Advice from the trenches

  • Quality initiatives are a team sport, says Starling. “Everyone plays, and everyone is responsible.” Translation? Deploy a facility team with broad representation. At the same time, hold all clinical leaders responsible for the quality of patient care, says Starling.
  • Evidence-based medicine transcends technology, says Fath. “It’s a workflow change. Make sure the culture is ready for it.” Sites can secure buy-in from clinical staff by educating them about improvements in efficiency and clinical care enabled by a strong evidence-based medicine program.

The big picture

Evidence-based medicine provides a path to the ideal practice of medicine. By implementing processes to standardize patient care and ensure patients receive clinically-validated interventions, hospitals adhere to their core mission. The research shows evidence-based measures make a difference for cardiac patients, enabling physicians to initiate timelier treatment via reduced door-to-balloon time and standard order sets, as well as reduced mortality via compliance with CMS AMI metrics. Evidence-based medicine requires a strong commitment from administrative and clinical leaders, and IT can lend a much needed helping hand.

The Future of Evidence-Based Medicin

The Cardiovascular Research Network is a newly created collaborative designed to leverage the diverse populations and electronic data systems of nine health plans across the U.S. The Cardiovascular Research Network expects to analyze a large population to determine how clinical trial results translate into medical practice and patient outcomes.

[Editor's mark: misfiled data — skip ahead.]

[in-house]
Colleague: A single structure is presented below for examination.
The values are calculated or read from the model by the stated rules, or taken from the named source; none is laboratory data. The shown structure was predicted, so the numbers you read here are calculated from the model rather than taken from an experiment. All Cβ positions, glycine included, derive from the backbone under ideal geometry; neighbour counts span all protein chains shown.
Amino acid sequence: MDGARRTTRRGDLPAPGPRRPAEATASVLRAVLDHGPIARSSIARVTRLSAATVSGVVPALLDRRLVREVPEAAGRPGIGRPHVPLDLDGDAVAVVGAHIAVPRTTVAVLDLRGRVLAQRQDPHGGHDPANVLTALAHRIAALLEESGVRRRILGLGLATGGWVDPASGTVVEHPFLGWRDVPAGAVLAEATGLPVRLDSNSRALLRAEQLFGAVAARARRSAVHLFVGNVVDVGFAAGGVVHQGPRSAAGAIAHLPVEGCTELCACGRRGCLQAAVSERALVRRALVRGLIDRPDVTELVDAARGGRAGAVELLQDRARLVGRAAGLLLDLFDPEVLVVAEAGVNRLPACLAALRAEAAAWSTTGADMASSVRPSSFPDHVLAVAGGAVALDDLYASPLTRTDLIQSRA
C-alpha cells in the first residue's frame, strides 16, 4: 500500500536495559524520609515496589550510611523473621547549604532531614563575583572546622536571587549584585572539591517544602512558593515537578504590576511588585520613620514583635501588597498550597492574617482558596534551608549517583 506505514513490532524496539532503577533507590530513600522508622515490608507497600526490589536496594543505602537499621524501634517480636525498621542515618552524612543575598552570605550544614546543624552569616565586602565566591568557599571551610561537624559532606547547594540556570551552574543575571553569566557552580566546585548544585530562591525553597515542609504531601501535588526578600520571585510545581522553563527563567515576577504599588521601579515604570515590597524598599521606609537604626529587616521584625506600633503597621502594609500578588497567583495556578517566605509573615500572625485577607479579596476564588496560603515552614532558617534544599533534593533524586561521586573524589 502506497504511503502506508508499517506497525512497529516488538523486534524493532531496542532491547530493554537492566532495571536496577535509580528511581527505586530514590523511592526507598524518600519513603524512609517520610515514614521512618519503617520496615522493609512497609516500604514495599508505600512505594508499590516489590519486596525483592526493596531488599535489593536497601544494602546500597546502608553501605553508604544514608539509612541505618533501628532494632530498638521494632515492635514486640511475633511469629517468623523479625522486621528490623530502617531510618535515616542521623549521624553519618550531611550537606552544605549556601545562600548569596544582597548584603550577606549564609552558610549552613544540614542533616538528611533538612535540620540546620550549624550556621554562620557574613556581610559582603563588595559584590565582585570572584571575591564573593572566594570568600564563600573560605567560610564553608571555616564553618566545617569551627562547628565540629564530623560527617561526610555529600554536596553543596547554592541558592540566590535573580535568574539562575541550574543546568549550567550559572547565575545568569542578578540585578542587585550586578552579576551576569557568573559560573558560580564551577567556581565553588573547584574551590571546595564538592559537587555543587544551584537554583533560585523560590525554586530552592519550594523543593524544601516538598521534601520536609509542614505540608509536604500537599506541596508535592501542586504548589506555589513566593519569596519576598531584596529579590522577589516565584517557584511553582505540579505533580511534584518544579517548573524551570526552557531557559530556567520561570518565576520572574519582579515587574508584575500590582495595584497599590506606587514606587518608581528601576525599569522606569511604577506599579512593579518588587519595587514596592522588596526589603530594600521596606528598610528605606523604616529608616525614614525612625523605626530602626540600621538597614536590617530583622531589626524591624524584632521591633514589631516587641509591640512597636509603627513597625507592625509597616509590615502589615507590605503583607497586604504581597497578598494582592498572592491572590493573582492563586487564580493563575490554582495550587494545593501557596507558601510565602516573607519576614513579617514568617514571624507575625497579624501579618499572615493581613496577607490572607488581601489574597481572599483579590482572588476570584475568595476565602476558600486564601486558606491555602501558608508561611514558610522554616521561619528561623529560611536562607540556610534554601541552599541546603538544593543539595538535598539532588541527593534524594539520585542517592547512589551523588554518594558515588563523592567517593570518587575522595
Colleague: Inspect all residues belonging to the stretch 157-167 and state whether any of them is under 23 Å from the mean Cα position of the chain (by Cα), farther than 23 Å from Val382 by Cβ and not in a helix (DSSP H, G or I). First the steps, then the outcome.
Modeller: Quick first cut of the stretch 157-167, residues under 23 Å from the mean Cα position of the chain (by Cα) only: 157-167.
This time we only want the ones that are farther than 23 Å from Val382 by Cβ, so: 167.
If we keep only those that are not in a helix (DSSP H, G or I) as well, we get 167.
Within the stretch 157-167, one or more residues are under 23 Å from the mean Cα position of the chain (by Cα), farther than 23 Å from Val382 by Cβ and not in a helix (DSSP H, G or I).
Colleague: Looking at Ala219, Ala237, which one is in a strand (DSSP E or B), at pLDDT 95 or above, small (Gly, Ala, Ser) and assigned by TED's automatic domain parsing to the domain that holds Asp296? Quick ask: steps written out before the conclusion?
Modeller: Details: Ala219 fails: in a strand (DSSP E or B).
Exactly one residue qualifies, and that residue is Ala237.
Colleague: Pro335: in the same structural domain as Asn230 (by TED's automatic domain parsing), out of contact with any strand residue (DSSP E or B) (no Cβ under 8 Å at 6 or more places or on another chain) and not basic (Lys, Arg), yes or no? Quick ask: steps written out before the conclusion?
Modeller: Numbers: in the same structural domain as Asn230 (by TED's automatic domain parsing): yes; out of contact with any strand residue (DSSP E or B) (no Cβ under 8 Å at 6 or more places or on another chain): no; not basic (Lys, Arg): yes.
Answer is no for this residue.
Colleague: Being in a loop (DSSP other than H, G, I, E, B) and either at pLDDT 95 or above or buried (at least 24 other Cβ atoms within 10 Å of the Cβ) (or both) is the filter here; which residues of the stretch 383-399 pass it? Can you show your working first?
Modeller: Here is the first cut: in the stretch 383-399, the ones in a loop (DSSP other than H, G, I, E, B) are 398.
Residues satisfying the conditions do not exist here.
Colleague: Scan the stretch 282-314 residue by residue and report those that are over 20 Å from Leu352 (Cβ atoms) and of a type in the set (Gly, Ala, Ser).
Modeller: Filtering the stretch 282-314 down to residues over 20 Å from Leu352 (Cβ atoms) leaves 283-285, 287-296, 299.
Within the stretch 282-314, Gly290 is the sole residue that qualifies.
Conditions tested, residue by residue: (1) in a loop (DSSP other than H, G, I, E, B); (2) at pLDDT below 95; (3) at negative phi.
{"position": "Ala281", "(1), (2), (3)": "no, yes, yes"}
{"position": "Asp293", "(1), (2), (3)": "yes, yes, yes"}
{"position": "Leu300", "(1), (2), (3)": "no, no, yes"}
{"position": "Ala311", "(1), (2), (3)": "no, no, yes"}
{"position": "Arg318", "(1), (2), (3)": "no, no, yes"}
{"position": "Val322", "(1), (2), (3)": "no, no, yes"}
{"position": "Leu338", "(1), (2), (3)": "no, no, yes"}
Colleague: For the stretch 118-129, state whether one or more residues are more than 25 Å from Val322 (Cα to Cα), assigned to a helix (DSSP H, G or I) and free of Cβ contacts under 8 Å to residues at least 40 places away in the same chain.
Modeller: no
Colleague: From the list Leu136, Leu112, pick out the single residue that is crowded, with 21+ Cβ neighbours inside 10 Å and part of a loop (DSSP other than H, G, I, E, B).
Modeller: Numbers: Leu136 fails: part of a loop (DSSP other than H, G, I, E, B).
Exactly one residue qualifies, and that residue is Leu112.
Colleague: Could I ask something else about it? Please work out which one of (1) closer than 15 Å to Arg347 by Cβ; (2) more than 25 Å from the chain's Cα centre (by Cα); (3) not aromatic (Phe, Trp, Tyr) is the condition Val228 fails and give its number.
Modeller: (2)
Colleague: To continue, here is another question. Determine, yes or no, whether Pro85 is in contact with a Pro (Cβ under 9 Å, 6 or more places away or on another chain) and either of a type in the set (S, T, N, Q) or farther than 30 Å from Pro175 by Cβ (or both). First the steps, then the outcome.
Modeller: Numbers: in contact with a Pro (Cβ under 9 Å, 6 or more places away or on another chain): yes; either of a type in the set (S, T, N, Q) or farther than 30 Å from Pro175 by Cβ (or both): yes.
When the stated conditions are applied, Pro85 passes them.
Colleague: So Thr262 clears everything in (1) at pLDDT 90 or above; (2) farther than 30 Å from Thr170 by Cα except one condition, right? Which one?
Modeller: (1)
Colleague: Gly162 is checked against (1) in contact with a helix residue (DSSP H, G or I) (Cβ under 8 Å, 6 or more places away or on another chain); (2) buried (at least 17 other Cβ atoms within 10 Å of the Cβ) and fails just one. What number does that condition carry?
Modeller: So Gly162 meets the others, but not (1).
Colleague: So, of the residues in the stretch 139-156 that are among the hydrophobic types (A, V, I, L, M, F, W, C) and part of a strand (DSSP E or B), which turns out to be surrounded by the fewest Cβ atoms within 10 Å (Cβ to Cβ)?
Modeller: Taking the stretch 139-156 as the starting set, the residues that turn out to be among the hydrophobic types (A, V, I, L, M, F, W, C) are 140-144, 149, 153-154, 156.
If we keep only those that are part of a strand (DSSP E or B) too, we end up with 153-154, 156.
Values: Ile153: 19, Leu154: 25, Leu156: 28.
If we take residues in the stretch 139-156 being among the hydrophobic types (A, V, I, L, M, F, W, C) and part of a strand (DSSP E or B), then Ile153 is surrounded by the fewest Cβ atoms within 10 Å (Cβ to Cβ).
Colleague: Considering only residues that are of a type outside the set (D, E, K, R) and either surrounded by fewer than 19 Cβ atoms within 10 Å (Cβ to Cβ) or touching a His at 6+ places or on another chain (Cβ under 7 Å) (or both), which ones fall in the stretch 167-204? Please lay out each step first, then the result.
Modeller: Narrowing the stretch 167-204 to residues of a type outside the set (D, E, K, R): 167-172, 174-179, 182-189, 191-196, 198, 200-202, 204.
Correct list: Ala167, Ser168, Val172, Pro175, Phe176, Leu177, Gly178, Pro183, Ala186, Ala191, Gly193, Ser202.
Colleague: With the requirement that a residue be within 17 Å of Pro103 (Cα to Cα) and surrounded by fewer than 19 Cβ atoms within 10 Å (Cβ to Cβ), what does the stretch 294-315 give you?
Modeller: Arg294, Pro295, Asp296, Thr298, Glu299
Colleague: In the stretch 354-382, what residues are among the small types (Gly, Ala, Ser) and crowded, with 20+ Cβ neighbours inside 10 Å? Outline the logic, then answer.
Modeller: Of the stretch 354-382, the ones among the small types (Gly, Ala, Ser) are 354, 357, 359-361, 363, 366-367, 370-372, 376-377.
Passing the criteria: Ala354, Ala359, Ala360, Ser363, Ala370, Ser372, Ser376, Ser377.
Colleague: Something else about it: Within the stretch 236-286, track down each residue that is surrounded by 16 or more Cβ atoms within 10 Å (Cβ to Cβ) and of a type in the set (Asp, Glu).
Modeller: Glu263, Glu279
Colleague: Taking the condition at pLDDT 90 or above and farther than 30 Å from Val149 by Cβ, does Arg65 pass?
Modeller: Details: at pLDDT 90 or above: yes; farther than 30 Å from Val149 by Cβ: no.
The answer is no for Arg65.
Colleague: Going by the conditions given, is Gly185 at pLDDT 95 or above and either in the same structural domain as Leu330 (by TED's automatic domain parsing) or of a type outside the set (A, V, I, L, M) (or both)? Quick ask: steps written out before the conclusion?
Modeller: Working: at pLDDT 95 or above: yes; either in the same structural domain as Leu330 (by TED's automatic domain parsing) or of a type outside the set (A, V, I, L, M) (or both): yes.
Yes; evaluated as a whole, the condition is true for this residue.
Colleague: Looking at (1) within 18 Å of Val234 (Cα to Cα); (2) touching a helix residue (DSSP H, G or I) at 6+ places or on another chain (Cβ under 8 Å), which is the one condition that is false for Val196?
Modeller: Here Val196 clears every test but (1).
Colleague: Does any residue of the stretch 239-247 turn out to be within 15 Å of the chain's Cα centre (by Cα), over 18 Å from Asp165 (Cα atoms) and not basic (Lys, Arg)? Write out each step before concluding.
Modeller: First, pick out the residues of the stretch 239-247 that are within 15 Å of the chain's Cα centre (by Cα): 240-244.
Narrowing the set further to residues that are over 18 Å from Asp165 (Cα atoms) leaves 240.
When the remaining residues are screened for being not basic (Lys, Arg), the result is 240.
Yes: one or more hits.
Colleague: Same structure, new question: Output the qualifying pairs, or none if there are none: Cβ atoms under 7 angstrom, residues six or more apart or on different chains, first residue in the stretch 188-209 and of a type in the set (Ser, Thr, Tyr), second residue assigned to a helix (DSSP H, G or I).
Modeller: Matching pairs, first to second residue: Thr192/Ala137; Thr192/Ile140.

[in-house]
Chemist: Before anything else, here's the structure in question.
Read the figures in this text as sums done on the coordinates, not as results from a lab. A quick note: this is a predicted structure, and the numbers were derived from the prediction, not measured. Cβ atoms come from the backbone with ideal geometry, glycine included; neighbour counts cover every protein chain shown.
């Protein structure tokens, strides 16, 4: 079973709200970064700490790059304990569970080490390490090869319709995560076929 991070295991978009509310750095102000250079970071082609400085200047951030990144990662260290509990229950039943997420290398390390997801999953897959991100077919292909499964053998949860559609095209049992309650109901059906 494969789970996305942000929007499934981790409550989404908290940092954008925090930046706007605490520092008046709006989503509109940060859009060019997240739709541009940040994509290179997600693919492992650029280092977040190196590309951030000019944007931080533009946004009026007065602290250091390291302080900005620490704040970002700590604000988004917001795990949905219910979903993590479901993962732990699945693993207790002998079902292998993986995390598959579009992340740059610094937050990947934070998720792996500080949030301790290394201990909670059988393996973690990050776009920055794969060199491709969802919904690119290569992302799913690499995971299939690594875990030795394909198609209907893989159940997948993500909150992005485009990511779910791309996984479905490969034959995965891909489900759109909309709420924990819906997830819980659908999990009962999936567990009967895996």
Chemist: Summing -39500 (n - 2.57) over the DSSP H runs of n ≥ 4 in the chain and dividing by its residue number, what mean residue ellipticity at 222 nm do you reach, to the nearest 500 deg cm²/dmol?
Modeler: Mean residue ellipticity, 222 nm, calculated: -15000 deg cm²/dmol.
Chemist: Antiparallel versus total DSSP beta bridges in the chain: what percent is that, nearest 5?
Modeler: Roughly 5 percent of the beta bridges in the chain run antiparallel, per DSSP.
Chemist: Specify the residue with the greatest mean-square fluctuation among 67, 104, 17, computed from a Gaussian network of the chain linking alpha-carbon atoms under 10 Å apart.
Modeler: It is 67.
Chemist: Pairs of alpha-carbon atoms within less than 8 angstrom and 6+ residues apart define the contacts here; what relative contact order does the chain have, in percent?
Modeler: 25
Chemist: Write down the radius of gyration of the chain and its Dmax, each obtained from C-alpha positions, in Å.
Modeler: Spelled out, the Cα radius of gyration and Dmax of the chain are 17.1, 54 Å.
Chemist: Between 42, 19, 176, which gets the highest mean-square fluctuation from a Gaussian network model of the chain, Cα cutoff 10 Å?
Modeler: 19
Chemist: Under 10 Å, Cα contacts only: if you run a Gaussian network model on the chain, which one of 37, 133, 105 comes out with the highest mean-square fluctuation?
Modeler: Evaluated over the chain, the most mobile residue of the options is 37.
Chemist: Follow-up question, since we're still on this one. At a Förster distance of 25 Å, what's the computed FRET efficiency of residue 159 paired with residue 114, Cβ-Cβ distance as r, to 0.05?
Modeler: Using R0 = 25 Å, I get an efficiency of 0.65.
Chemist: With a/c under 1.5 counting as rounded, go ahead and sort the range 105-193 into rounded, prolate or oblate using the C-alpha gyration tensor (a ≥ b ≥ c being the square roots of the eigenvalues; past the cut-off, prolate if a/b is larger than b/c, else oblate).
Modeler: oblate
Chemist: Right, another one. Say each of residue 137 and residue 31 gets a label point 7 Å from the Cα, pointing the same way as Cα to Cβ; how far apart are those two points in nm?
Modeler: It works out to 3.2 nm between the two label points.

“The demographic capabilities of the network are unprecedented,” says Alan Go, MD, assistant director for clinical research for Kaiser Permanente of Northern California in Oakland, Calif. The collaborating health plans represent 7.6 million patients, and because each participating health plan uses an electronic database, researchers can pull data to answer questions.

In the next five years, the first research projects of the cardiovascular-focused network will analyze hypertension recognition, treatment and control; quality of care and outcomes of the blood thinner warfarin for atrial fibrillation and blood clots, and the use and outcomes of implantable cardiac defibrillators (ICDs).

The hypertension project will review whether or not primary-care physicians appropriately recognize and manage hypertension and if healthcare providers intensify treatment as necessary. Answering such questions will help researchers determine reasons for variation in treatments and outcomes, says Go.

The warfarin project aims to assess the quality of administration and management to help physicians and patients better understand the risks and benefits of treatment.

Finally, the ICD project will look at use and outcomes. Currently, physicians don’t know if physicians use ICDs according to clinical trials, if use has been broadened to other populations and if there is a benefit to ICD use beyond high-risk patients.

The Cardiovascular Research Network expects to generate additional projects in the future and collaborate with cardiac care associations such as the American Heart Association.